IN­DIAN MAR­TIAL ARTS

It was bound to hap­pen: Vedic mar­tial arts are here and draw­ing a fol­low­ing of men and women

India Today - - LEISURE - —Ridhi Kale

It is at once med­i­ta­tive, rhyth­mic and phys­i­cally de­mand­ing. But the rapid yet pre­cise move­ments of mace-fight­ing tech­niques are much more than that. At­tend a Vedic mar­tial arts class at Dhyan Foun­da­tion’s South Delhi ashram and you’re bound to come out a new per­son. The ashram teaches the art of the mace (called gada in Hindi), and also de­fen­sive tech­niques us­ing staffs and knives.

The mace was very pop­u­lar with an­cient In­di­ans. But to­day, only the foun­da­tion teaches the art. “The mace has ex­isted since Vedic times, and finds men­tion in an­cient lit­er­a­ture,” says Yogi Ash­wini, who takes free classes for both adults and chil­dren. “Its shape is sim­i­lar to the Earth. In the fash­ion that the Earth re­volves around the Sun and ro­tates on its axis, mace move­ments are also prac­tised in dou­ble ro­ta­tions to pro­duce phe­nom­e­nal power. The shape of the ball is like that of the Earth, with the weight of the ball equiv­a­lent to that of the han­dle.” A be­gin­ner’s mace has a 4 kg ball and a 4 kg han­dle. Then, one moves up to 6:6, 8:8, 10:10 and fi­nally 15:15 (a to­tal of 30 kg). That re­quires a strong back, so yo­gic tech­niques such as the sanatan Kriya are a vi­tal part of train­ing.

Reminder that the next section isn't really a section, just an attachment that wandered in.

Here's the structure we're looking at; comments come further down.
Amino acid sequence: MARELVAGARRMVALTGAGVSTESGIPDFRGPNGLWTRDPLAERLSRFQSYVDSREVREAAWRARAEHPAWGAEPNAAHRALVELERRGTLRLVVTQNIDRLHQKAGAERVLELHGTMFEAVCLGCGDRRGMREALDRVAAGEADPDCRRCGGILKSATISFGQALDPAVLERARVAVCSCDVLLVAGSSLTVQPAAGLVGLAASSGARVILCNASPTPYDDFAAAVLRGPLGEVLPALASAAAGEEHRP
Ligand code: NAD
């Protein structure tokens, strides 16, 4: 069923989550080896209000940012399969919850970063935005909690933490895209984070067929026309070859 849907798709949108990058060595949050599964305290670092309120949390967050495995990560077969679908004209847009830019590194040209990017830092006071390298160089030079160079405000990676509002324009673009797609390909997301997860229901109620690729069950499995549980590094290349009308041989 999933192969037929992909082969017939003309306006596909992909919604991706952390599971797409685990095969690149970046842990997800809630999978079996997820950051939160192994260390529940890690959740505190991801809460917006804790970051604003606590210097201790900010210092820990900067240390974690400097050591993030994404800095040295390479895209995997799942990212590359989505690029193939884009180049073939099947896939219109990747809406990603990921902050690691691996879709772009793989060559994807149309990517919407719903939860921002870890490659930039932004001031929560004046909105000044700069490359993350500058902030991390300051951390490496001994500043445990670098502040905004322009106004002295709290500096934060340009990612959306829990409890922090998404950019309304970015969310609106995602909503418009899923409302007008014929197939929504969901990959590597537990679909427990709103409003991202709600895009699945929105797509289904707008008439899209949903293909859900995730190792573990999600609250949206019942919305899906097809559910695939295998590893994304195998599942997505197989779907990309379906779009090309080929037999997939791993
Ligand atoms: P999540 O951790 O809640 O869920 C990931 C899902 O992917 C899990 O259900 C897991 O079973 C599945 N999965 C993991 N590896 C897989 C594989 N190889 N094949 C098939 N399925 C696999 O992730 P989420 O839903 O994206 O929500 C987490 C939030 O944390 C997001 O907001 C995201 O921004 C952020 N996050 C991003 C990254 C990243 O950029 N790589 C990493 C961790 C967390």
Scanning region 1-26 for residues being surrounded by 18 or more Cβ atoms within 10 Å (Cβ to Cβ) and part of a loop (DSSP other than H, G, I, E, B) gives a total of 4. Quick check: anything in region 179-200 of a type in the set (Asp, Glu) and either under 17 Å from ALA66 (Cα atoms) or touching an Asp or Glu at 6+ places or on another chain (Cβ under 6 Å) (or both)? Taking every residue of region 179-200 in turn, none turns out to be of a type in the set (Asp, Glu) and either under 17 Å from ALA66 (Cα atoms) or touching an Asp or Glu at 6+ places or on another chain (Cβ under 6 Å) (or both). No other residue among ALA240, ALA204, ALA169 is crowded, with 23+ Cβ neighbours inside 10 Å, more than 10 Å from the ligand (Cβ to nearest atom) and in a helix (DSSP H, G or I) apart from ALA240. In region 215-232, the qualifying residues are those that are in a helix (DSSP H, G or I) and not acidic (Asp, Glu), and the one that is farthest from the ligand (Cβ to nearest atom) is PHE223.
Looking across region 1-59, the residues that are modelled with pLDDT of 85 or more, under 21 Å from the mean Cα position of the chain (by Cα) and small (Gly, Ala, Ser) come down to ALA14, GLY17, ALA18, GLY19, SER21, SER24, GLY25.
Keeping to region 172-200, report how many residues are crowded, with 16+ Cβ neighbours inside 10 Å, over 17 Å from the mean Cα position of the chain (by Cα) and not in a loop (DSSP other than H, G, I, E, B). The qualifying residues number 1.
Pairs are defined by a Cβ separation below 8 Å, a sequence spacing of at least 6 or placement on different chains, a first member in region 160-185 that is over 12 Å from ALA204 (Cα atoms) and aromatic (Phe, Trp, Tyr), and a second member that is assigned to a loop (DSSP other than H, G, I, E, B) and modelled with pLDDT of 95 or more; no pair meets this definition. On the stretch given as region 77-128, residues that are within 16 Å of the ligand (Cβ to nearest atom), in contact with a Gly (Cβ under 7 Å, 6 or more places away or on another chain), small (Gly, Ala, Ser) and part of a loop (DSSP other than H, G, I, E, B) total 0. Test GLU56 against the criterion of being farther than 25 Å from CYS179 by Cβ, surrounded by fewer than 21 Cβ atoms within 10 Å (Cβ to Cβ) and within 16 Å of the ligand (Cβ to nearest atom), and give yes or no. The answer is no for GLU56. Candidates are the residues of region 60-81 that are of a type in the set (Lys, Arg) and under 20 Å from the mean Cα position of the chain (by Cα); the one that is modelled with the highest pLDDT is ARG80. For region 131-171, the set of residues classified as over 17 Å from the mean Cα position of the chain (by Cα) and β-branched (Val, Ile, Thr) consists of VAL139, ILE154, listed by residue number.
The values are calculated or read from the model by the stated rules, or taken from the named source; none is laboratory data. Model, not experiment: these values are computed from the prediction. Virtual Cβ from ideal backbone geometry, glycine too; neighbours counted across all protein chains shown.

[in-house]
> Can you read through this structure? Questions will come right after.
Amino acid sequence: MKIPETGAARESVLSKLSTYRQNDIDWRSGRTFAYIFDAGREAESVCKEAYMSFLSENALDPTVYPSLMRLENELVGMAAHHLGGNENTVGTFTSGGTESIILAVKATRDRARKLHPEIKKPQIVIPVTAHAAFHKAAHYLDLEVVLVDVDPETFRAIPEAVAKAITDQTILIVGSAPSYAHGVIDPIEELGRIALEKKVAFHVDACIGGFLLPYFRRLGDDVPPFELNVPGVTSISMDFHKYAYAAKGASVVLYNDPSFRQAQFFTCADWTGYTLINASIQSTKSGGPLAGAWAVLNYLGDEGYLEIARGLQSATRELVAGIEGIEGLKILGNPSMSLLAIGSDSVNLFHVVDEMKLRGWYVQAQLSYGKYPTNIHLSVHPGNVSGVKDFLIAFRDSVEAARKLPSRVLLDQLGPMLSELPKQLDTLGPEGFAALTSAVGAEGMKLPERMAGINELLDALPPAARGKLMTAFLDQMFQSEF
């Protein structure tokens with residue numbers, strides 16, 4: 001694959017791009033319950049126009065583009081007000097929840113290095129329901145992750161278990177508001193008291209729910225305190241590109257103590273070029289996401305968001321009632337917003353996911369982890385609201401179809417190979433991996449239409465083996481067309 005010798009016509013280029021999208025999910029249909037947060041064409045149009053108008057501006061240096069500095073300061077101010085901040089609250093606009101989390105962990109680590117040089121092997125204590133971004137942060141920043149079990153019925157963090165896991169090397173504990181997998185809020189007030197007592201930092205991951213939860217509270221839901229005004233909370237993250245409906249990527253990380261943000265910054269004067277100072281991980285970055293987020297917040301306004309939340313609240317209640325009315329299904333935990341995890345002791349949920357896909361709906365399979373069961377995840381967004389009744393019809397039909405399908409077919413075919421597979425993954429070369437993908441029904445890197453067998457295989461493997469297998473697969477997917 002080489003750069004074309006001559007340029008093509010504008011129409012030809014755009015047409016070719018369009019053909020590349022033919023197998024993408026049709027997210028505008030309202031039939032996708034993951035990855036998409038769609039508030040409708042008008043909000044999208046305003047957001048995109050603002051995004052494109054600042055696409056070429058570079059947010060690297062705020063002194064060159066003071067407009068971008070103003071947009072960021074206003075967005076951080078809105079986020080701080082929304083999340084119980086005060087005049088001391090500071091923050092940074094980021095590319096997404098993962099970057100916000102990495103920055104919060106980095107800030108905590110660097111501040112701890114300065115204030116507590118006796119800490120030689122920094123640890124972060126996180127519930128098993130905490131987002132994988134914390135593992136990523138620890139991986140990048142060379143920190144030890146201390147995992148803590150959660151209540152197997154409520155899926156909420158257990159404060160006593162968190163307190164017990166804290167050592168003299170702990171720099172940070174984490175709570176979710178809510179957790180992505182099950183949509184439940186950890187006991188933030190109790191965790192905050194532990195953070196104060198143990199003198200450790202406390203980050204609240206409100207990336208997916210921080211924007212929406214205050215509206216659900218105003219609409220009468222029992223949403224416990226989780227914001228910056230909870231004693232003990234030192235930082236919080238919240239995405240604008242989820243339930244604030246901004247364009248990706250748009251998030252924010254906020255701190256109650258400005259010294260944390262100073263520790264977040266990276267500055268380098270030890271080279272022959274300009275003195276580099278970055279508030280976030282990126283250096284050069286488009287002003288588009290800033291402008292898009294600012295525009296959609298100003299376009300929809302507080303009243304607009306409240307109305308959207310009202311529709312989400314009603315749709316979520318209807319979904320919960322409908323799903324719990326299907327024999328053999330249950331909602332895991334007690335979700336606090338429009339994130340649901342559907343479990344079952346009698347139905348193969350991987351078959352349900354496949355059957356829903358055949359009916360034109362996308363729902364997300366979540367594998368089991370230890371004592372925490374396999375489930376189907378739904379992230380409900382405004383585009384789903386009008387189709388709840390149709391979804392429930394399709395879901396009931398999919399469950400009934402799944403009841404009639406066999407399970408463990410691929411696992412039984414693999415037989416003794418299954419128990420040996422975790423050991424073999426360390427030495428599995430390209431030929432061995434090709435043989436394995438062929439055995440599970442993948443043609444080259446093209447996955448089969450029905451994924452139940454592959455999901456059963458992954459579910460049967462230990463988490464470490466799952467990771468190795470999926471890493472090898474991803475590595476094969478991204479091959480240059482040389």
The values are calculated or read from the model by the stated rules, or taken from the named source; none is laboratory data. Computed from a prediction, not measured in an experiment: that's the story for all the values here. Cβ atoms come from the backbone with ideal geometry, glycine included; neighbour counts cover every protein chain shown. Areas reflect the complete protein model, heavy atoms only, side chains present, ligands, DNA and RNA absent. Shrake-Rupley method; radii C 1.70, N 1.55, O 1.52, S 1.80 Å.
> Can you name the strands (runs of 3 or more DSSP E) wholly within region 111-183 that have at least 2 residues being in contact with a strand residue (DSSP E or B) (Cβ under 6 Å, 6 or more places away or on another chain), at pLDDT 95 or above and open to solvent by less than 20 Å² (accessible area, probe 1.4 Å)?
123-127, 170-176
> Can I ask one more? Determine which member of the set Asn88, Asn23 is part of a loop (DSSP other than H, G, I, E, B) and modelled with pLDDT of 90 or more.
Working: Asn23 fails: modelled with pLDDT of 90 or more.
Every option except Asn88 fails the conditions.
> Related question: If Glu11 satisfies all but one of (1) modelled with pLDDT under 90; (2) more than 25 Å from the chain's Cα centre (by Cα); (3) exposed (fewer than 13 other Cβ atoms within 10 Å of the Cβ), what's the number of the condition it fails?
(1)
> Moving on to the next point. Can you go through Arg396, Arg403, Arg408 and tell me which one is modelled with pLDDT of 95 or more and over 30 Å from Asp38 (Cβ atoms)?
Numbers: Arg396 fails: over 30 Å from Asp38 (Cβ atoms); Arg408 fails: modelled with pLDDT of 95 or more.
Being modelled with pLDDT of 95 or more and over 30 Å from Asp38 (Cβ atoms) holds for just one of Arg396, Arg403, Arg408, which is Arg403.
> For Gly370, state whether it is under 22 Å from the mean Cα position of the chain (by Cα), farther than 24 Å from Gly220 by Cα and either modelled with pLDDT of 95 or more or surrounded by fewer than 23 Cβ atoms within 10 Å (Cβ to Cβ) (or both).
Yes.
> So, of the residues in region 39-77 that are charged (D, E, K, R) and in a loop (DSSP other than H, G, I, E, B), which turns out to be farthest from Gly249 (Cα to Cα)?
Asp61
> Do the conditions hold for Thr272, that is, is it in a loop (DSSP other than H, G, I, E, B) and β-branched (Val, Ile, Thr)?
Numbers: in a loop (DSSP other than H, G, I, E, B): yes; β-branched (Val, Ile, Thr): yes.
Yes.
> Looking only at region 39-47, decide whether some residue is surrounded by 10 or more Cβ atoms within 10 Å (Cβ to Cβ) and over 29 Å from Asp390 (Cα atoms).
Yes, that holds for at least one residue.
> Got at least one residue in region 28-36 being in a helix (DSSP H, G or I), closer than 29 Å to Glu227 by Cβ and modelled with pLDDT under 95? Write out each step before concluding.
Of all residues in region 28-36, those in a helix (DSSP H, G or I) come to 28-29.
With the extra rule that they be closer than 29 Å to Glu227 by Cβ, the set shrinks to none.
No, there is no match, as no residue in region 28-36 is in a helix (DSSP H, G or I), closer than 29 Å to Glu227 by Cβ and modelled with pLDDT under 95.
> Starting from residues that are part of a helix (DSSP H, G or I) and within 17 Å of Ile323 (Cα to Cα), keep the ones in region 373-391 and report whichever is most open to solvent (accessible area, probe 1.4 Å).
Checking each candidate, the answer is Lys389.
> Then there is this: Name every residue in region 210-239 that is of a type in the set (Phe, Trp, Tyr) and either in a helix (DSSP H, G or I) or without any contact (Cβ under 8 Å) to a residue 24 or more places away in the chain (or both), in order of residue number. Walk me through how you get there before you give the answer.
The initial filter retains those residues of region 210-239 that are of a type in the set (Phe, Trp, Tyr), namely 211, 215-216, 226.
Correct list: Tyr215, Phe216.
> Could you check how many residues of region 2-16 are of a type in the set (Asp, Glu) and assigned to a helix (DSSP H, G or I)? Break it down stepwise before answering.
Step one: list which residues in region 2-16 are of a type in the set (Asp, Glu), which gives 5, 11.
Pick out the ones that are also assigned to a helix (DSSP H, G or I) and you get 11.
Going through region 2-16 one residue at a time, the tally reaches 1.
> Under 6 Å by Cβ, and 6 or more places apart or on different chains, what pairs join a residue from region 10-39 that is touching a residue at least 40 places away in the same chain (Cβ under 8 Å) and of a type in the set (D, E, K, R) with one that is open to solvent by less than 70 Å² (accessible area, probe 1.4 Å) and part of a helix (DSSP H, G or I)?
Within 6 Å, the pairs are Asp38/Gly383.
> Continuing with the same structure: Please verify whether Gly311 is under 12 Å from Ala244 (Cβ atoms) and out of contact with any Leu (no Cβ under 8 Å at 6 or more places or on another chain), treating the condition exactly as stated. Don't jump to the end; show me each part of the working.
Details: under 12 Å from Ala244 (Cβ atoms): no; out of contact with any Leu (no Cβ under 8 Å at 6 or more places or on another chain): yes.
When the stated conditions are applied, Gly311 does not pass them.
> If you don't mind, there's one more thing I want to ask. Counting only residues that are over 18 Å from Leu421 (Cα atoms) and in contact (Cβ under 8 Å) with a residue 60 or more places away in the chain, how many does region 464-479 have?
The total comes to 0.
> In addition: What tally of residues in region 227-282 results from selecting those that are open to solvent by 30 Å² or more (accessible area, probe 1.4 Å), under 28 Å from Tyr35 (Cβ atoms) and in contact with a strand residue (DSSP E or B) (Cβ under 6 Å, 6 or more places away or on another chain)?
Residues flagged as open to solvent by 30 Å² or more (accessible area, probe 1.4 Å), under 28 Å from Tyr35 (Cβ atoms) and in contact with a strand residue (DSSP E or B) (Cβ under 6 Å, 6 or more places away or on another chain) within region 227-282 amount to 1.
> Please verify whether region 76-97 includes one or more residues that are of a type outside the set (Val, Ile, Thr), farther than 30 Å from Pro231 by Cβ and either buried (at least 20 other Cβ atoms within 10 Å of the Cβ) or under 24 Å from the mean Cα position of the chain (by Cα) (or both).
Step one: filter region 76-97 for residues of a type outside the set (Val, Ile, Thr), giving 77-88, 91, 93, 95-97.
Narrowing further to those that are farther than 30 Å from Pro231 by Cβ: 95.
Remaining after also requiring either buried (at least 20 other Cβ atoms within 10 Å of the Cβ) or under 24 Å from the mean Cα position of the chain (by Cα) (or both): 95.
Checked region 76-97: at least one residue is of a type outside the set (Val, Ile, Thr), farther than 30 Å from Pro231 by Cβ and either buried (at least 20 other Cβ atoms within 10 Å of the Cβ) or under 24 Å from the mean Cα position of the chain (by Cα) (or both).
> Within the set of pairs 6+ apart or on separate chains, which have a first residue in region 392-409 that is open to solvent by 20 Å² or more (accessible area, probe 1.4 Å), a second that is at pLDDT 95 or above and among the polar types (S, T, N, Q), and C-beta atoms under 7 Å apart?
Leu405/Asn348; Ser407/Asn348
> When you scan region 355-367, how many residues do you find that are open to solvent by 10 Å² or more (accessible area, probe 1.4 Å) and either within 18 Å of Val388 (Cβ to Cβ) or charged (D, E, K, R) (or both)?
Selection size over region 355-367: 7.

“With con­stant gym­ming and di­et­ing, my back had given up,” says for­mer Miss In­dia Nikita Anand, who took up the mace in 2012. “I was in con­stant pain. But after prac­tis­ing with Yogi Ash­wini, my back is strong, I feel fit­ter than ever and my face glows with­out makeup,” says Anand, who is now an ac­tor and TV pre­sen­ter. So, what are you wait­ing for? Pick up a mace and swing into ac­tion.

Newspapers in English

Newspapers from India

© PressReader. All rights reserved.